Review of theater and dance: Good, Last Days, Peaky Blinders – The Redemption of Thomas Shelby

It was a week of intriguing new performances, with theater mixing with other art forms via a Peaky Blinders dance show and an opera based on the life of Kurt Cobain. Also, there has been a major return to the West End for Doctor who starring David Tennant.

Join us next week as we review the production of Studio Ghibli’s successful RSC My neighbor Totoro and Crystal Pite’s new Royal Ballet show.

Good – Harold Pinter Theater ★★★ ☆☆

“We are good people,” says Anne, John Halder’s lover Good. But can they be? Playwright Alan Plater described CP Taylor’s 1982 play as “the definitive piece on the Holocaust in the English language.” He keeps track of how Halder, a decent liberal professor from Frankfurt, falls into arguing in favor of the Final Solution. In the lead role, David Tennant is coldly cold and compassionate in his thrust of goodness, but Dominic Cooke’s confused production needs more clarity in order to fly.

Elliot Levey, David Tennant and Sharon Small in ‘Good’

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Elliot Levey, David Tennant and Sharon Small in “Good”

(Johan Persson)

Cooke made the unsatisfactory decision to reduce the usual cast of 10 to three. The supporting actors, Sharon Small and Elliot Levey, have a mammoth burden of playing all the other parts – who, despite their enthusiasm, achieve varying levels of success. The text is bewildering in form, with scenes that don’t always follow a linear narrative order, while the lack of a defined character identity prevents the production from feeling truly creepy.

However, as Halder, Tennant is terribly hypnotic. Stiff and empty, he keeps us at a safe distance as he swaps his internal monologue and public face. He appears physically anchored to the stage as the evil buried within him slowly fades. Tennant is an actor who is not afraid to take his time and is a meticulous performance; every move has a purpose, every shot considered aiming.

The game’s conclusion isn’t entirely shocking, but it has power. Good it is an alarming lesson about the dangers of narcissism and passivity that requires thinking about more than ourselves. Anya Ryan

Read the full review here.

Peaky Blinders: Tommy Shelby’s Redemption – Troubador Wembley Park Theater ★★★★ ☆

With a swagger, that of Steven Knight Peaky Blinders it has gone from an award-winning television series to an ever-expanding brand. There are plans for a spin-off movie and series, a festival, clothing brands, and more. Now Rambert Dance translates the Birmingham gangsters of the 1920s into motion, mixing the energy of rock concerts with urgent physical strength.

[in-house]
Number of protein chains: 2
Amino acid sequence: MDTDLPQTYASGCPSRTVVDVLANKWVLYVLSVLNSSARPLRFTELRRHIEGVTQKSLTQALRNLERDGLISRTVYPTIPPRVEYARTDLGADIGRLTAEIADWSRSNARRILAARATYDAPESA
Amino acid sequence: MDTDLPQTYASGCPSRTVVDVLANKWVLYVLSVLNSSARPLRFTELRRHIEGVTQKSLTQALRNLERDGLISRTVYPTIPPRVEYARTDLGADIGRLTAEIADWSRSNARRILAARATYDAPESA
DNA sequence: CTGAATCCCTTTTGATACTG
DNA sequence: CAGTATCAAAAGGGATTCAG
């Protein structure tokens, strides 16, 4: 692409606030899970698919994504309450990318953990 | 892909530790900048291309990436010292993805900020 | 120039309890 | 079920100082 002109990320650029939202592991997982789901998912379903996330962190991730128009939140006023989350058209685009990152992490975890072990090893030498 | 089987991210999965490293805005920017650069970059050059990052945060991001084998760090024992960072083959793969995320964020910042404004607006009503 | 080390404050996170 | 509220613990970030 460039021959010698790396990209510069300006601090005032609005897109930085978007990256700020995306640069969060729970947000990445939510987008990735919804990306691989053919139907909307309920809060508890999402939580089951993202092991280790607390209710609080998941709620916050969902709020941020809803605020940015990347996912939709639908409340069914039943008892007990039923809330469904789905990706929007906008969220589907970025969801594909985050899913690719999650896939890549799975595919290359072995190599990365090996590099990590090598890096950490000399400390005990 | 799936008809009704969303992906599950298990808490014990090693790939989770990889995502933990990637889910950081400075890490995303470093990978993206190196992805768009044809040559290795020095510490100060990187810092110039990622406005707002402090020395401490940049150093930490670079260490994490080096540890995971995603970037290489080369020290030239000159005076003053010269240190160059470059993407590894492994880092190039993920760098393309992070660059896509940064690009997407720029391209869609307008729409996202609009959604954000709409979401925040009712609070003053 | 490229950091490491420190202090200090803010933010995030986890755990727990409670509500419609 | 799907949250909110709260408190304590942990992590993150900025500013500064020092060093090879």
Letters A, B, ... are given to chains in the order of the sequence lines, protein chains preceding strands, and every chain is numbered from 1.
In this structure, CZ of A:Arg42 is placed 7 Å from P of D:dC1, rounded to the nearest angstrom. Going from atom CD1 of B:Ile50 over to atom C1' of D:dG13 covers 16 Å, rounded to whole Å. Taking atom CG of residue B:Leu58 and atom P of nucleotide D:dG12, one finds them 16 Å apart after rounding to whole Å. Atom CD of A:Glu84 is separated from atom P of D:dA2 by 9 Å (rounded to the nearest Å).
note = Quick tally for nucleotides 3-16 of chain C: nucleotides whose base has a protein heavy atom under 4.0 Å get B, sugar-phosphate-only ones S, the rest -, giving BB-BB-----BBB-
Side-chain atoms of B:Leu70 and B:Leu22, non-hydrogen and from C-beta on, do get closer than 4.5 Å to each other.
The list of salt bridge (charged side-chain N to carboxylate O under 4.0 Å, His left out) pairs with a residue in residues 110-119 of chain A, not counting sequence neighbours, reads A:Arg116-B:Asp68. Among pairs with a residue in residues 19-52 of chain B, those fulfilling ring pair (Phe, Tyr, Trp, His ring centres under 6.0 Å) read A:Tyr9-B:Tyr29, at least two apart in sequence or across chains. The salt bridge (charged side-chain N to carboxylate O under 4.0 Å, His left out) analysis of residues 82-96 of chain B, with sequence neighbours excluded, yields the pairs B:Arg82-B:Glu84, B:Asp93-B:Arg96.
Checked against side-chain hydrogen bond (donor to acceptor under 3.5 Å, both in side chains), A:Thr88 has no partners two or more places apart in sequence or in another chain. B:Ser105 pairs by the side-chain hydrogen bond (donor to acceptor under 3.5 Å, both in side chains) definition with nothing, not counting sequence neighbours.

Choreographed by Rambert director Benoit Swan Pouffer and created in collaboration with Knight, the new show is a stylized dance drama. Taking a free hand with the series, it focuses on the love story between Thomas Shelby and Grace Burgess. There are snippets of Benjamin Zephaniah’s narrative, but the story is told in dance and through its fierce and elegant production.

The cast of ‘Peaky Blinders: The Redemption of Thomas Shelby’

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The cast of Peaky Blinders: Thomas Shelby’s Redemption

(Johan Persson)

Naya Lovell’s Grace acts with magnetic poise, bringing each scene into focus, while Guillaume Quéau’s Thomas Shelby is a bold motive, with a sense of physical threat. Musa Motha, who is an amputee, plays Barney with absolute conviction. Working on crutches, Motha and Pouffer weave distinctive silhouettes into a vivid narrative.

In all, there is a sense that Rambert is positioning himself for a new audience, trying to find a new way to connect. The company’s talented dancers give her total conviction, whether she plunges into brawl scenes, spills offstage into the auditorium, or dives into period style. It’s a smart and confident show. Zoe Anderson

Read the full review here.

Last Days – Linbury Theater ★★★★★

In 2005, director Gus Van Sant, best known for his haunting beauty My private Idaho – made a fictionalized arthouse film entitled Last days. It told of the final disappearance of Kurt Cobain: 100 minutes in which nothing happens, apart from the murmurs and grunts of the protagonist as he stumbles into his domain. Boring? You can say it again. But strangely, some people love that movie, and one of those people is French star Agathe Rousselle, who she claims to have seen it 15 times.

Agathe Rousselle in ‘Last Days’

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Agathe Rousselle in “Last Days”

(Camilla Greenwell)

Enter composer Oliver Leith, director Matt Copson, and choreographer Anna Morrissey, who transformed Van Sant’s film into an opera with Rousselle in the lead (non-singer) role. When they asked Van Sant for a copy of his script, his response was simply, “Do your thing” – and they did. So, here we are, in a beautiful wooden theater in the bowels of the Royal Opera House, watching the fruits of a collaboration between ROH and the Guildhall School of Music and Drama.

The surprise is that this show avoids all the clichés one might have foreseen. No one tries to reproduce Cobain’s voice (Rousselle just snarls in anger) and none of his signature songs are brought up. There is a shotgun, but it hangs on the wall and is not fired. What this talented team has created is extraordinary, something visually and vocally closer to Japanese aesthetics than anything else in the West, while the final scenes hint at a Bach choir tenderly put across a screen of ecstatic atonality. It will be fascinating to see what these people do next. Michele Chiesa

Read the full review here.

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